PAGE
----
Archive for the ‘Real Estate Finance’ Category


Investment Banking: The New Frontier for Real Estate Operators

March 16, 2017

World Charts

Many people are drawn to real estate investing because it allows them to play an active role in determining the success of their investments. For others, real estate investing represents a unique career opportunity to dramatically improve their entire lives. This opportunity lies in real estate’s unique ability to be leveraged… whether through traditional bank mortgages or by more creative means such as lease-options, subject-to purchases and seller carrybacks. More astute real estate investors, or operators, take leverage to the next level with a foray into borrowing from private lenders or even recruiting an equity partner or two. When an operator uses the money of others, via debt or equity, who do not actively participate in his business in exchange for the promise of a return on investment, he has entered the capital markets by issuing securities (and yes, a mortgage loan against an investment property is considered a security). As the name suggests, capital markets are simply the markets for capital, or money; people who hold money, or savers, have to put it somewhere, and just like at your local grocery store, savers look for the highest quality products at the lowest prices. Generally speaking as applied to the capital markets, quality corresponds to risk while price corresponds to returns. Some investors have a higher risk tolerance in exchange for the expectation of higher returns and may not need to cash out, or liquidate, for a fairly long period of time… maybe decades. Others, like retirees, typically have a lower tolerance for risk, as their savings is not easily replaceable, and they need to generate cash, or liquidity, immediately on a monthly or quarterly basis to cover the expenses of their retirement years. Of course, there are any number a variations of risk, return, and liquidity appetites in between, but at the end of the day, these are the only three meaningful considerations in deciding how to invest. Everything else is just a distraction.

From the use of sophisticated sounding jargon to tell fanciful stories about the future, to the veneer of nice suits and high-rise offices, the traditional financial industry specializes in marketing such distractions to capture the over 17 trillion dollars in savings held by U.S. workers. Ultimately, Wall Street operates in the very same way that a casino does: it strategically facilitates the creation of gambling opportunities via securities for customers to wager their money at some well-calculated probability. The biggest difference between a casino and professional finance is that the probabilities associated with investing are much more complex and easier to hide; but like a casino, financial institutions ensure the house always wins by stacking the odds eternally in their favor (it’s also why physicists and mathematicians who are driven by money move to Wall Street). To make the point more obviously, sound investment decisions boil down to nothing more than numbers (assuming you can trust those numbers, which is the purpose of financial audits): expected net return (some percentage), associated risk (also a percentage), and liquidity, or the amount of time your money is locked up (expressed as some unit of time: days, months, years, etc.). So, how are these numbers calculated? That is the 17 trillion dollar question, and the answer to that question is the fundamental tool of the financial wardens… the firms that underwrite and make the market for securities: investment banks.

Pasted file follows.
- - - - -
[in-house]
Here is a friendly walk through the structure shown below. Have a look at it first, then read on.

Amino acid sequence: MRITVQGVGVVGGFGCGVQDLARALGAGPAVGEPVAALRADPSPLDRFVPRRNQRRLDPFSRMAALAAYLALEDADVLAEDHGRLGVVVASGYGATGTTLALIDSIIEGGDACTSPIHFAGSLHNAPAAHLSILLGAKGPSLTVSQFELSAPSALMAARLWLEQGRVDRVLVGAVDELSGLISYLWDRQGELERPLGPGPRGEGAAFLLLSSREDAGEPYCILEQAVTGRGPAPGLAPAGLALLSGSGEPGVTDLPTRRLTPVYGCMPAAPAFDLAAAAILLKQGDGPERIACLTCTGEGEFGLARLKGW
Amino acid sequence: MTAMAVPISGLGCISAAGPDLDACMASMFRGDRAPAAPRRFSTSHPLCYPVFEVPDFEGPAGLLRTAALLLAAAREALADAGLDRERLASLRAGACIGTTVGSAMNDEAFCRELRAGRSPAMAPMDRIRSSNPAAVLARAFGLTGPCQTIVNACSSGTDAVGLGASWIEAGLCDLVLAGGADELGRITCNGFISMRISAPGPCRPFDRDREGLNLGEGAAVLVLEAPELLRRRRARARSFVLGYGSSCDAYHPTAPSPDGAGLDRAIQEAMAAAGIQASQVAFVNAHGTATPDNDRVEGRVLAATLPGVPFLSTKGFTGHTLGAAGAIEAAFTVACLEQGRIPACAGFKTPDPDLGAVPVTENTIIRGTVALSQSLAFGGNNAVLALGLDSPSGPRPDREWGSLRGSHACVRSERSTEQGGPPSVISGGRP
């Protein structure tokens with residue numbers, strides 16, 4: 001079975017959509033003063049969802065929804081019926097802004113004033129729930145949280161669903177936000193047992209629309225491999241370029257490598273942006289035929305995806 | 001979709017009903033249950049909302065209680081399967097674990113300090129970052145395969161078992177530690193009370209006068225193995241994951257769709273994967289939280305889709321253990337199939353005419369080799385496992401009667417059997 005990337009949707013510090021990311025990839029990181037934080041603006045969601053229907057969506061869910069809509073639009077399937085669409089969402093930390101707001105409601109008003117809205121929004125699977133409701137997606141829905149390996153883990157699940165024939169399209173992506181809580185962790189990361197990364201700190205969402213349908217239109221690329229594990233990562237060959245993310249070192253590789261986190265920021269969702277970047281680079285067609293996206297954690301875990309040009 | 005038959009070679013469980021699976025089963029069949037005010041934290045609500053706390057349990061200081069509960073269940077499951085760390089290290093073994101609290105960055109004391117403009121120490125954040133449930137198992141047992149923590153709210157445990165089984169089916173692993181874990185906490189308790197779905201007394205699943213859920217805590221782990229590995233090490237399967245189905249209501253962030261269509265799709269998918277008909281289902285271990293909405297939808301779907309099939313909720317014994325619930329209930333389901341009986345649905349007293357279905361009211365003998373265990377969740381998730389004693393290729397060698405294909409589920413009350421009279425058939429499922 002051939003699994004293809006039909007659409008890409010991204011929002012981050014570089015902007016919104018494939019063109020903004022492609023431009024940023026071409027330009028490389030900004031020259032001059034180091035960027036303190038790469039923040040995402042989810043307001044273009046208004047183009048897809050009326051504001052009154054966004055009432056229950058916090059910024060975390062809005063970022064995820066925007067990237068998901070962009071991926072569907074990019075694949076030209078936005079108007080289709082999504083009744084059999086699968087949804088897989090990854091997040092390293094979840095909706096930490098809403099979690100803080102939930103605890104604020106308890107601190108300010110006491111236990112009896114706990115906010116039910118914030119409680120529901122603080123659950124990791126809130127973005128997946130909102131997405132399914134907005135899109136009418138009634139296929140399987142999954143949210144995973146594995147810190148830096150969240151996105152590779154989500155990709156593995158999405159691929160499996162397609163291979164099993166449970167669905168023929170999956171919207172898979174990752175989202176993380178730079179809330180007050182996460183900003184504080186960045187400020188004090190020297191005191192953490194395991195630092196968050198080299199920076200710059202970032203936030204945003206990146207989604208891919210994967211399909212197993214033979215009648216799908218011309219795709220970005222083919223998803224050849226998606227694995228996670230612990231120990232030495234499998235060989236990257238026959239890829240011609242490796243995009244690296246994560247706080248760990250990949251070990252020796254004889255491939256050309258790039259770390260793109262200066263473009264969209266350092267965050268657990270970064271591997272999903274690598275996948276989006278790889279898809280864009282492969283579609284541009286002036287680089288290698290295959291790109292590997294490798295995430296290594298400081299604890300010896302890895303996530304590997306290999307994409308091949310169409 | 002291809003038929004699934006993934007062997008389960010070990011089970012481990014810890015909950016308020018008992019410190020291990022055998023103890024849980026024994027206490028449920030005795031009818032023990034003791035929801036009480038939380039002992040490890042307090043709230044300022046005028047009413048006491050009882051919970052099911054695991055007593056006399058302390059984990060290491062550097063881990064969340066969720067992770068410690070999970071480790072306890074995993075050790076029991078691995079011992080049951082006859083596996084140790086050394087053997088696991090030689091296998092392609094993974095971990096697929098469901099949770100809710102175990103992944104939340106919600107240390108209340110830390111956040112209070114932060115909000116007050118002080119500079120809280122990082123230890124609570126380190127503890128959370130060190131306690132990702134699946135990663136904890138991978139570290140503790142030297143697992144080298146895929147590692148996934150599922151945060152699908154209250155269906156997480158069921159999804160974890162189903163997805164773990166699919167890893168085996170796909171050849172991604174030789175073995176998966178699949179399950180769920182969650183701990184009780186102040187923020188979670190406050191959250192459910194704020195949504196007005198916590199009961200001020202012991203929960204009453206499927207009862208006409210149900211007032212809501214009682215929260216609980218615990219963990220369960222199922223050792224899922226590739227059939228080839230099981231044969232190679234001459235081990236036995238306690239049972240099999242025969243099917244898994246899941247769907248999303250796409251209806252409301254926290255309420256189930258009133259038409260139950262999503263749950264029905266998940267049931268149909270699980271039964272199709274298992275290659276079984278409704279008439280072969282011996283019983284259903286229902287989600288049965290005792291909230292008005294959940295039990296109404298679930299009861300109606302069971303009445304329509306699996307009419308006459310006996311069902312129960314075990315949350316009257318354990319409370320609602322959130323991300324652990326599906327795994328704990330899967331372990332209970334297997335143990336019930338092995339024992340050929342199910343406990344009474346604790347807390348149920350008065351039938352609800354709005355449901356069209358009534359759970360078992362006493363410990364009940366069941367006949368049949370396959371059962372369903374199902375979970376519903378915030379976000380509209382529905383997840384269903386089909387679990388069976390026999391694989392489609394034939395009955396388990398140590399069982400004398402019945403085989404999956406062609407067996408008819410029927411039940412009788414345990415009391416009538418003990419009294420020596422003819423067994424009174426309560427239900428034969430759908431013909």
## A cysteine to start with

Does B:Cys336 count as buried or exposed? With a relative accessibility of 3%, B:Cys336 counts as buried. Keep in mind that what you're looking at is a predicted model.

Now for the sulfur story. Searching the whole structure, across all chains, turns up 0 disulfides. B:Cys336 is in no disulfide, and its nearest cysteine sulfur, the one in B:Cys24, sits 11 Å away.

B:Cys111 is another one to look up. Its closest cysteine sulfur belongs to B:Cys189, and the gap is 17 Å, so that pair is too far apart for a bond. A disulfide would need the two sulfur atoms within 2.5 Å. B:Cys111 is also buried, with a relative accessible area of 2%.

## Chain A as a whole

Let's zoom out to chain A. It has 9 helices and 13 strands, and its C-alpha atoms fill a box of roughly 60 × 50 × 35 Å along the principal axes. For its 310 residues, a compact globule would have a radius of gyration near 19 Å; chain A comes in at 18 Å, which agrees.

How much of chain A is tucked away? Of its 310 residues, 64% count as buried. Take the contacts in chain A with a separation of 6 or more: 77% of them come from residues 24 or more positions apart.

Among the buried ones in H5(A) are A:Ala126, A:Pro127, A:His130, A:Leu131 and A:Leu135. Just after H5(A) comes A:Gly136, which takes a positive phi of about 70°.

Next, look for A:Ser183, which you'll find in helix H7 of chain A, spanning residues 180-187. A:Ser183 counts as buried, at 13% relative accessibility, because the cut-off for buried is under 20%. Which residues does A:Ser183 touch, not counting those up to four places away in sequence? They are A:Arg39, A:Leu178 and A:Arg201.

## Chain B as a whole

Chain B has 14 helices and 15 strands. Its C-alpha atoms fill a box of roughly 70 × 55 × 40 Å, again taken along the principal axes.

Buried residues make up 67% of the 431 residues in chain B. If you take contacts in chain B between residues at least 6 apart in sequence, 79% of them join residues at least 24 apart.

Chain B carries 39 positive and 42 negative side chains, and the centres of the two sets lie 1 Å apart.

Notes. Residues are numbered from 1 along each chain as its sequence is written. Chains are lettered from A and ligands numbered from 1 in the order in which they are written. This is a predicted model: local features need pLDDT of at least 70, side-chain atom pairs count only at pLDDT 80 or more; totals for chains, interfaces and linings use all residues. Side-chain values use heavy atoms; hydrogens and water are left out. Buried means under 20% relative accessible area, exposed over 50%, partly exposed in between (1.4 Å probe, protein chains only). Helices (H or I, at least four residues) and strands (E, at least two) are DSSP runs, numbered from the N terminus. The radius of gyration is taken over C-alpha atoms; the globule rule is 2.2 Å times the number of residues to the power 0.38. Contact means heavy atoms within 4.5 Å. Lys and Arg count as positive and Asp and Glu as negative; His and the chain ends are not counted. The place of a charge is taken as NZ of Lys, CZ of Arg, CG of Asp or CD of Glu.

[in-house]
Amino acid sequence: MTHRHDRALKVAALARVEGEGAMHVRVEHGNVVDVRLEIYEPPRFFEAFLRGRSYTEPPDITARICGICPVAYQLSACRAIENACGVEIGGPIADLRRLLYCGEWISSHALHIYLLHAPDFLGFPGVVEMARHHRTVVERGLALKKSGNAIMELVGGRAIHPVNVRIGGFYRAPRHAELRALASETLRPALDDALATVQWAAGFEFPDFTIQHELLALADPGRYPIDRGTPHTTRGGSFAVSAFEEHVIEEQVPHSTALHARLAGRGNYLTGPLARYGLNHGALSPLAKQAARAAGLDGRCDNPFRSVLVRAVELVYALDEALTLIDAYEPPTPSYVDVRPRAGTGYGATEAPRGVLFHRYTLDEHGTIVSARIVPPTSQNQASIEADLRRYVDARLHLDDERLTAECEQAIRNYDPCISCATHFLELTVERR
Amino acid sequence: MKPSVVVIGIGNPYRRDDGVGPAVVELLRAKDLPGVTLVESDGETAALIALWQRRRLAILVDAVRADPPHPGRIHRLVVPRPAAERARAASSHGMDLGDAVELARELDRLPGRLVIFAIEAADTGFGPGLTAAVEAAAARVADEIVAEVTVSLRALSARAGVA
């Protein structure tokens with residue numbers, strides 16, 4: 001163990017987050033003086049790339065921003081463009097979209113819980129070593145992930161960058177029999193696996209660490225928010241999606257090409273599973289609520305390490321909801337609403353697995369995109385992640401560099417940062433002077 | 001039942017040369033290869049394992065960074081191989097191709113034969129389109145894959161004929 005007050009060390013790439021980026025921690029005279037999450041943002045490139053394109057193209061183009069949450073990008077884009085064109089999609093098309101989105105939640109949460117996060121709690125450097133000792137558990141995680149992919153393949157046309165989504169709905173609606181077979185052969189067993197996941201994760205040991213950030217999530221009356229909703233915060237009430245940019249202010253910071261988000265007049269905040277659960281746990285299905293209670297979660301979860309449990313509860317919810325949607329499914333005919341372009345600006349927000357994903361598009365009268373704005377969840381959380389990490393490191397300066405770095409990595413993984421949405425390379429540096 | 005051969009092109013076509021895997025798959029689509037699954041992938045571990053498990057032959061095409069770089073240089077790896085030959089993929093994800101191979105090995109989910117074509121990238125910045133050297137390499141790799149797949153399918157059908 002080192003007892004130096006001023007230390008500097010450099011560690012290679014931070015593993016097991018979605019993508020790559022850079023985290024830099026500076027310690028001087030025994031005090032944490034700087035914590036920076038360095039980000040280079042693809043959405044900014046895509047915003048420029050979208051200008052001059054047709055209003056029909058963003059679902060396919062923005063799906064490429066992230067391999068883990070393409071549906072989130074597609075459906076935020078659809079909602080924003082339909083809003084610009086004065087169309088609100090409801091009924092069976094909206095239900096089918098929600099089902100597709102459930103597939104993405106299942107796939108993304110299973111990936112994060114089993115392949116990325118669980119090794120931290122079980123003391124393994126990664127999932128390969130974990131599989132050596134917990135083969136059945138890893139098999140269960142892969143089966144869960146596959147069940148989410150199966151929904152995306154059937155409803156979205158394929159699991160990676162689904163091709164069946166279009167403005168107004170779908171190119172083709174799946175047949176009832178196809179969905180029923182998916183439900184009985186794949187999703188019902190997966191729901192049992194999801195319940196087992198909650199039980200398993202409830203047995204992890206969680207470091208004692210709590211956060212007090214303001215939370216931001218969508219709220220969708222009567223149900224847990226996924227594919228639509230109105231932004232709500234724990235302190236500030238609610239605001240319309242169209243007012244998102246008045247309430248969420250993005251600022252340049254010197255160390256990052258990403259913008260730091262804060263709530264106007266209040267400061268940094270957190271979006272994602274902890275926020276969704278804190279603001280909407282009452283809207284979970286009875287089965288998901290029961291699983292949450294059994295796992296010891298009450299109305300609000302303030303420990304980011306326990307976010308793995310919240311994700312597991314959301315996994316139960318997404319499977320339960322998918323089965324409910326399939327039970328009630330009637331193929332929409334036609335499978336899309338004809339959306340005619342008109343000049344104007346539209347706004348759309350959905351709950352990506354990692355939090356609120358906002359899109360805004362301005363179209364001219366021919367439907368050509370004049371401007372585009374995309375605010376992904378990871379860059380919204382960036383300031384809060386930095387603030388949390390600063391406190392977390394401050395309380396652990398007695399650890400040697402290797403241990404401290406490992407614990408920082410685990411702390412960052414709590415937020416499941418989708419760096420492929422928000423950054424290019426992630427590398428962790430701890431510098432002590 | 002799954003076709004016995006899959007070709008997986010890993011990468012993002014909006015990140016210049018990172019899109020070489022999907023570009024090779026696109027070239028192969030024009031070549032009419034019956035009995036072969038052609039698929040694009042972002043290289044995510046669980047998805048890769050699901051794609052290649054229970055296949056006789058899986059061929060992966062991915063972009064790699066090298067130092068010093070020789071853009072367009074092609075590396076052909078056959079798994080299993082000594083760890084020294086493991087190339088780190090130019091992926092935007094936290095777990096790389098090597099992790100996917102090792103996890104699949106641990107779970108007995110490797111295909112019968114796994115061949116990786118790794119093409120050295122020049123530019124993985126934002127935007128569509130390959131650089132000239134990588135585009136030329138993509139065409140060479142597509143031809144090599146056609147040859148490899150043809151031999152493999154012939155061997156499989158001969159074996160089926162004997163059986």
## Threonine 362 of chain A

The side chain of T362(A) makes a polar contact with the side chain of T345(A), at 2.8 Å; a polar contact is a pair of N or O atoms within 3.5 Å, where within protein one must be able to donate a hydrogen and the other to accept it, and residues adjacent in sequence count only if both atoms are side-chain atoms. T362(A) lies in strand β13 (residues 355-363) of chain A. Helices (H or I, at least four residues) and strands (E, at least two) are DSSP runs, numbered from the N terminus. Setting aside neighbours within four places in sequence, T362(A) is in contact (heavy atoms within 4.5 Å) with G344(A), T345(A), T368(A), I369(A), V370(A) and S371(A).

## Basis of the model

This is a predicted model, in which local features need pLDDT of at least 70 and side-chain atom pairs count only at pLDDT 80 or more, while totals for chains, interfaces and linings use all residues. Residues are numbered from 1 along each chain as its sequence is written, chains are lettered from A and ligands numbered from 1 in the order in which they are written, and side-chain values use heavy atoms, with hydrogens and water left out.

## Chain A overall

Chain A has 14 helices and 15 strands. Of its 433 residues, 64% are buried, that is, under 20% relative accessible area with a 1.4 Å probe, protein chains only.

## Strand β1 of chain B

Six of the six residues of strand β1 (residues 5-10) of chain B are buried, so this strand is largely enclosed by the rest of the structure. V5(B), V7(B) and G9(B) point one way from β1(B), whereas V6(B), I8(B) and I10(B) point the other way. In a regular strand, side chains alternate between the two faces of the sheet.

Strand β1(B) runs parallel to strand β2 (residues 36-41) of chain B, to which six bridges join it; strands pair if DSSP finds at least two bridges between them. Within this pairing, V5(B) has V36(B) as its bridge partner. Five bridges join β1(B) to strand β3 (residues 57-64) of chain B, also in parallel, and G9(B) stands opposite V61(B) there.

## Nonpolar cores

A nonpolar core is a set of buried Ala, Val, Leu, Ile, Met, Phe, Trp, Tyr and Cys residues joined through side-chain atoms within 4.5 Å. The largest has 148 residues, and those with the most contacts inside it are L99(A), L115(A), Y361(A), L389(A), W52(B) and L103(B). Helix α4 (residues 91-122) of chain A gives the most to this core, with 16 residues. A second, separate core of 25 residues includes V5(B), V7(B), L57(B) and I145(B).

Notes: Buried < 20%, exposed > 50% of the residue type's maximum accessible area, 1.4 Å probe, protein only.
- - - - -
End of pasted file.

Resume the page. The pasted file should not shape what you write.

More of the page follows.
Investment banks are intermediaries that, amongst many other functions, help typically large companies raise capital by advising on and underwriting new securities issues. To prepare for a new issue of securities, investment banks first advise their clients on considerations such as capital structure (how much debt vs. equity should be issued; what types of equity and debt should be issued, etc.), the strategic use of other financial instruments (such as warrants), and operational considerations as a means to ensure its success. Once offerings are constructed, investment banks underwrite the securities that are being issued. Underwriting means that investment banks price securities offerings, then guarantee their pricing by typically purchasing the offerings before reselling them to the public at a markup. So as you can imagine, investment bankers are very keen on developing a thorough and meaningful understanding of how to price risk, even if they don’t communicate all the nuances to the public through their distribution channels (i.e. financial advisers).